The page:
I’m so pleased that, as we come to the end of this terrible year, I can provide you with some fantastic news and further details, following the Medicines and Healthcare products Regulatory Agency (MHRA) authorising the Oxford University/AstraZeneca vaccine for mass rollout across the UK. This follows authorisation earlier this month for the Pfizer/BioNTech vaccine, which started to be rolled out earlier this month.
Currently, the UK has rolled out more than 800,000 doses of Covid-19 vaccine; that’s more than all EU countries combined. We are currently third behind only the US and China, with Israel a close 4th. Whilst this is a fantastic acheivement, we will continue to accelarate this rollout, which will be helped massively by the approval of the Oxford/Astrazeneca vaccine, of which the UK has so far ordered 100 million doses, enough to vaccinate 50 million people.
The Government yesterday accepted the MHRA’s recommendation, which followed rigorous clinical trials and a thorough analysis of the data by experts at the MHRA, which has concluded that the vaccine has met its strict standards of safety, quality and effectiveness. The Joint Committee on Vaccination and Immunisation (JCVI) will also publish its latest advice for the priority groups to receive this vaccine.
The NHS has a clear vaccine delivery plan and decades of experience in delivering large scale vaccination programmes. The NHS will now begin putting their extensive preparations into action to roll out the Oxford University/AstraZeneca vaccine, and vaccination centres will now start inviting patients to receive the jab at regional locations.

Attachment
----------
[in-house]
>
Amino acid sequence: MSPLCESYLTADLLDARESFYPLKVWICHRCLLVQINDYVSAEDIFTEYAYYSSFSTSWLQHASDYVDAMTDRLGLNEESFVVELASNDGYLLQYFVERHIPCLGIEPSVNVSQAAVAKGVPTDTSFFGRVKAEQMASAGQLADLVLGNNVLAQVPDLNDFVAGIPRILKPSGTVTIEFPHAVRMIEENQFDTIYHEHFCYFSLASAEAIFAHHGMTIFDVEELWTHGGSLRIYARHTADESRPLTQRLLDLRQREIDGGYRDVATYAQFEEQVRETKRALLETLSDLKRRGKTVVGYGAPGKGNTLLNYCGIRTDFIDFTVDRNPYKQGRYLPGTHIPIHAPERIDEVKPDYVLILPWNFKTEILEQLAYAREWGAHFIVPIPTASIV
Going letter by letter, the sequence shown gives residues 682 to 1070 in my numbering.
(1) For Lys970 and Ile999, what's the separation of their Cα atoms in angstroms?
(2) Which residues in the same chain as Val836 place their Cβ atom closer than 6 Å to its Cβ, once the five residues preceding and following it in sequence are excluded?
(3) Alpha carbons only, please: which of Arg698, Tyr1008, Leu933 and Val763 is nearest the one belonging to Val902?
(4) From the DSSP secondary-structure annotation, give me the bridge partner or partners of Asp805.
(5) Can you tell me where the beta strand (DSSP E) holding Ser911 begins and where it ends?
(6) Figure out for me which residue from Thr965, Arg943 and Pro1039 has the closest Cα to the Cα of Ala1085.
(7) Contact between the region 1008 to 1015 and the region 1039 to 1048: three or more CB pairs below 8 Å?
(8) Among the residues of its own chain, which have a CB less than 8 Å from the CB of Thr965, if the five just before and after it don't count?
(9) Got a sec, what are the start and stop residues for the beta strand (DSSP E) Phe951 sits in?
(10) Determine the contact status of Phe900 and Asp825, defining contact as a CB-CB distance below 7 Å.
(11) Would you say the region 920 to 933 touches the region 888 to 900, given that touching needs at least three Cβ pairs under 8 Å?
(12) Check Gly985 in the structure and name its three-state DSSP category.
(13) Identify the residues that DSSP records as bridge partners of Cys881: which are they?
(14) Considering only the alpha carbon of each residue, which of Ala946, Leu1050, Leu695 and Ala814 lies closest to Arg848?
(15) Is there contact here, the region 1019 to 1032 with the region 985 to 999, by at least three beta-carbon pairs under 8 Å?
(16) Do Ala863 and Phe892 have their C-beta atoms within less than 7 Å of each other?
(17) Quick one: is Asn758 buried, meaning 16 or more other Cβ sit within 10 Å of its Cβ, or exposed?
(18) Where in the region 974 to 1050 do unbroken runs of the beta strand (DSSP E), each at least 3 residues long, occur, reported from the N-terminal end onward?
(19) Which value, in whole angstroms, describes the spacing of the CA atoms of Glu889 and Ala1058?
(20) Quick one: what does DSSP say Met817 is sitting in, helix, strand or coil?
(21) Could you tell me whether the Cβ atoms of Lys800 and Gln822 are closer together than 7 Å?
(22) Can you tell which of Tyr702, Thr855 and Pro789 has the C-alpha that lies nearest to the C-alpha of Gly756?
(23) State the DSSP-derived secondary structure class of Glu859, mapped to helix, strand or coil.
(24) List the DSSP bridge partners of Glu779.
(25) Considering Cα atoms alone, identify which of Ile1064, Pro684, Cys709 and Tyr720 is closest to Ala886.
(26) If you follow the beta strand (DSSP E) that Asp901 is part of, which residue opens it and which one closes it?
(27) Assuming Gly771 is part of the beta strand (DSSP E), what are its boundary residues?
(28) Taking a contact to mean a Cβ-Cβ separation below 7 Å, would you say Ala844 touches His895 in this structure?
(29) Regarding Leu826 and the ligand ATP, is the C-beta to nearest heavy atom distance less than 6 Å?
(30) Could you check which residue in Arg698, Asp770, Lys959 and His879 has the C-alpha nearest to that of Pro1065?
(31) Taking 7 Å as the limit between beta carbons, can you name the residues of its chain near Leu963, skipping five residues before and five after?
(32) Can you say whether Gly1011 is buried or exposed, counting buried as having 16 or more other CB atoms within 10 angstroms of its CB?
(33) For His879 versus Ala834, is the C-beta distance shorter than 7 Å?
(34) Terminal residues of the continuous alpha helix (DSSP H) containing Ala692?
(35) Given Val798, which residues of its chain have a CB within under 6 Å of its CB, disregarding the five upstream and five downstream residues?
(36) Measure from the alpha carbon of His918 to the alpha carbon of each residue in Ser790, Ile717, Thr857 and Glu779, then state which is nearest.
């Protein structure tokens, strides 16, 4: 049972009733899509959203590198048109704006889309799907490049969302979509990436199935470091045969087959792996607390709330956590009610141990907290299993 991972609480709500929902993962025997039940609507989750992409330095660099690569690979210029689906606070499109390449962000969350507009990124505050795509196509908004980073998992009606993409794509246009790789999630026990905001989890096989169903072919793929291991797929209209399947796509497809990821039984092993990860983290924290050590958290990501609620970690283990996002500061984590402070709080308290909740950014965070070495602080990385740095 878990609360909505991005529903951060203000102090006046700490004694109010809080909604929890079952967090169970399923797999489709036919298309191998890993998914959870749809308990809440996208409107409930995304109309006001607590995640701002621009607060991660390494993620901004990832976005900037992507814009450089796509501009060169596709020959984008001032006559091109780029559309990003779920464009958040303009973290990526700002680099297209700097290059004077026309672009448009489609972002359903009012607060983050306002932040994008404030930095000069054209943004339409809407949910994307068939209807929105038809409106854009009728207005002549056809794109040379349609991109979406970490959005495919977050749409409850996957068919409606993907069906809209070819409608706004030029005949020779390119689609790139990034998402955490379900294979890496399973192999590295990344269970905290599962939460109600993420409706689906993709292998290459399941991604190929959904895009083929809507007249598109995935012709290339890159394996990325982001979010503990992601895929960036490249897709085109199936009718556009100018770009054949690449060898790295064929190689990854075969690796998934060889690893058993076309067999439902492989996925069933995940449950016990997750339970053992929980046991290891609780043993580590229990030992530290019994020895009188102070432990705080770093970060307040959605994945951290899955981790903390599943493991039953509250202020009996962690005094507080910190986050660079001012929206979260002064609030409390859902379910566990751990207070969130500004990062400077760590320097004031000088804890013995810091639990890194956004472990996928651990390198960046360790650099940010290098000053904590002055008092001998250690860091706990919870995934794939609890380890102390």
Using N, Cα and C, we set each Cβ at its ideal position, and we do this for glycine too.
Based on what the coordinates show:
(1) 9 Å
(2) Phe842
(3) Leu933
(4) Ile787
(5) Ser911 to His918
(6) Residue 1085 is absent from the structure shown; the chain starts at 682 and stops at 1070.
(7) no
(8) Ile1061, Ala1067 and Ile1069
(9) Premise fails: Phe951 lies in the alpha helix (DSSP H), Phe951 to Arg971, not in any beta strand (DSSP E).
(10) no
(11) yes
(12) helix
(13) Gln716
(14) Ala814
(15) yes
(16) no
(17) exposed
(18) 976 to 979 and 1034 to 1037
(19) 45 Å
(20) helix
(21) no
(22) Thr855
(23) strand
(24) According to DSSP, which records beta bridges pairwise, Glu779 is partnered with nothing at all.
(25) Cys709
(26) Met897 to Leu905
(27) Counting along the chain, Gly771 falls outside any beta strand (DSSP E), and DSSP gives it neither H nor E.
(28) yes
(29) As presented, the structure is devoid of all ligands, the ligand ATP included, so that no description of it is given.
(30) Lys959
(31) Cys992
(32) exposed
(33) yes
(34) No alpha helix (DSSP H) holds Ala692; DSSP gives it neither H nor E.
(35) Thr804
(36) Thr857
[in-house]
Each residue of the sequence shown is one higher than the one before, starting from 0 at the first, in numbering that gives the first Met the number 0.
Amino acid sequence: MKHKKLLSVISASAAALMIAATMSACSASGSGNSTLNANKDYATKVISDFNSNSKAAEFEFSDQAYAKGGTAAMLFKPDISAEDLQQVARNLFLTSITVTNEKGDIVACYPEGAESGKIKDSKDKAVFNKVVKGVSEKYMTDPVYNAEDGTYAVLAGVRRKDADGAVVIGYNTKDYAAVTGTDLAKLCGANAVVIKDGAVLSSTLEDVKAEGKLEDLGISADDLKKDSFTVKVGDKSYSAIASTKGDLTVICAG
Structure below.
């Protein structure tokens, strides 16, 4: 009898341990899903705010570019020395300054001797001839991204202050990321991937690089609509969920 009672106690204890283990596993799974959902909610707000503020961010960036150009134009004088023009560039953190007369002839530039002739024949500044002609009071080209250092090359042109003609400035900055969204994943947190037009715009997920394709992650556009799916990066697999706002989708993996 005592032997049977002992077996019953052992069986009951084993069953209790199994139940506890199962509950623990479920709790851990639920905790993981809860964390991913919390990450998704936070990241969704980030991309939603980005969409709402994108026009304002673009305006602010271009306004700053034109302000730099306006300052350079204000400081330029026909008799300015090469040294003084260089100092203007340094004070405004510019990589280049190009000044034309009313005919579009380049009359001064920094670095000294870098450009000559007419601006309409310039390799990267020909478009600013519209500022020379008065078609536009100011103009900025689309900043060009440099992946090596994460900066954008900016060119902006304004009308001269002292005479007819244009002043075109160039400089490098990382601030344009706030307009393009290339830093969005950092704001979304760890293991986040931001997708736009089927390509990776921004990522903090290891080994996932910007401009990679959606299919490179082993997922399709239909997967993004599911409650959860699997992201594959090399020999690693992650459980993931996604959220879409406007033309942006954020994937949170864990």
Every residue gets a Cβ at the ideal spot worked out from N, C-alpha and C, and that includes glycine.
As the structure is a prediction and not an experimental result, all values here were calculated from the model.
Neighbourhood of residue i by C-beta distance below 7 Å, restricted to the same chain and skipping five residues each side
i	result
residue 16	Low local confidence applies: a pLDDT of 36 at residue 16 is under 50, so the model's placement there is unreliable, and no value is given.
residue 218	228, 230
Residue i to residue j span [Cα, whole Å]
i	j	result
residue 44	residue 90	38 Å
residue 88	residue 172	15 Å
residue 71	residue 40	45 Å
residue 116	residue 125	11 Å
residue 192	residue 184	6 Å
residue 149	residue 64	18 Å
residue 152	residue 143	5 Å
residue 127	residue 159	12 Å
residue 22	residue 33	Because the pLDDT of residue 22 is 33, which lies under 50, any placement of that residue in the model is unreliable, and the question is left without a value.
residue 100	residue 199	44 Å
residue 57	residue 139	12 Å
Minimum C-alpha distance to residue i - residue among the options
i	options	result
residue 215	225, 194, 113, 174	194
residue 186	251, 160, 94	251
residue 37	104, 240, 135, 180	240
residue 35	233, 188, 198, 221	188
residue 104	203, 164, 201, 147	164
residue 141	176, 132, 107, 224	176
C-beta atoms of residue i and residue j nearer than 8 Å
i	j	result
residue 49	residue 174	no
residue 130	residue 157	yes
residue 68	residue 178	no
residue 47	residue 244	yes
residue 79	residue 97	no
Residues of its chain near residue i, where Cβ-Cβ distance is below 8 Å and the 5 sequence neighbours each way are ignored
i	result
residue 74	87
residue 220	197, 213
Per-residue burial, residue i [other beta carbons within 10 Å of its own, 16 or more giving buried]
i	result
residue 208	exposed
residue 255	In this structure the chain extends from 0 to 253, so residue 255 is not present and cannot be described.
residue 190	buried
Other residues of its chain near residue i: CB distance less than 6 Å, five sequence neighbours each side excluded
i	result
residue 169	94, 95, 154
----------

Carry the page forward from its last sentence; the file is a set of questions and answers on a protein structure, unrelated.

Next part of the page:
Crucially, the Oxford vaccine is easier to store and distribute, as it can be stored at a normal fridge temperature, unlike the Pfizer vaccine, which must be kept at –70C. We also have more confidence about rapid supply of this vaccine as it is UK-made.
Throughout this global pandemic we have always been guided by the latest scientific advice. The JCVI has advised the priority should be to give as many people in at-risk groups their first dose, rather than providing the required two doses in as short a time as possible. Everyone will still receive their second dose and this will be within 12 weeks of their first. The second dose completes the course and is important for longer term protection.
With 2 vaccines now approved, we will be able to vaccinate a greater number of people who are at highest risk, protecting them from the disease and reducing mortality and hospitalisation. The JCVI’s independent advice is this approach will maximise the benefits of both vaccines. Ensuring the more at-risk people are able to get meaningful protection from a vaccine in the coming weeks and months, reducing deaths and starting to ease pressure on our NHS.
To aid the success of the vaccination programme, it is vital everyone continues to play their part, abides by the restrictions in their area and remembers hands, face, space so we can slow the spread of this virus and protect those around us.
Let’s hope that, with the help of these vaccines, we can look towards 2021 and a return to normality in a brighter, better year than the incredibly difficult one we have had to get through together.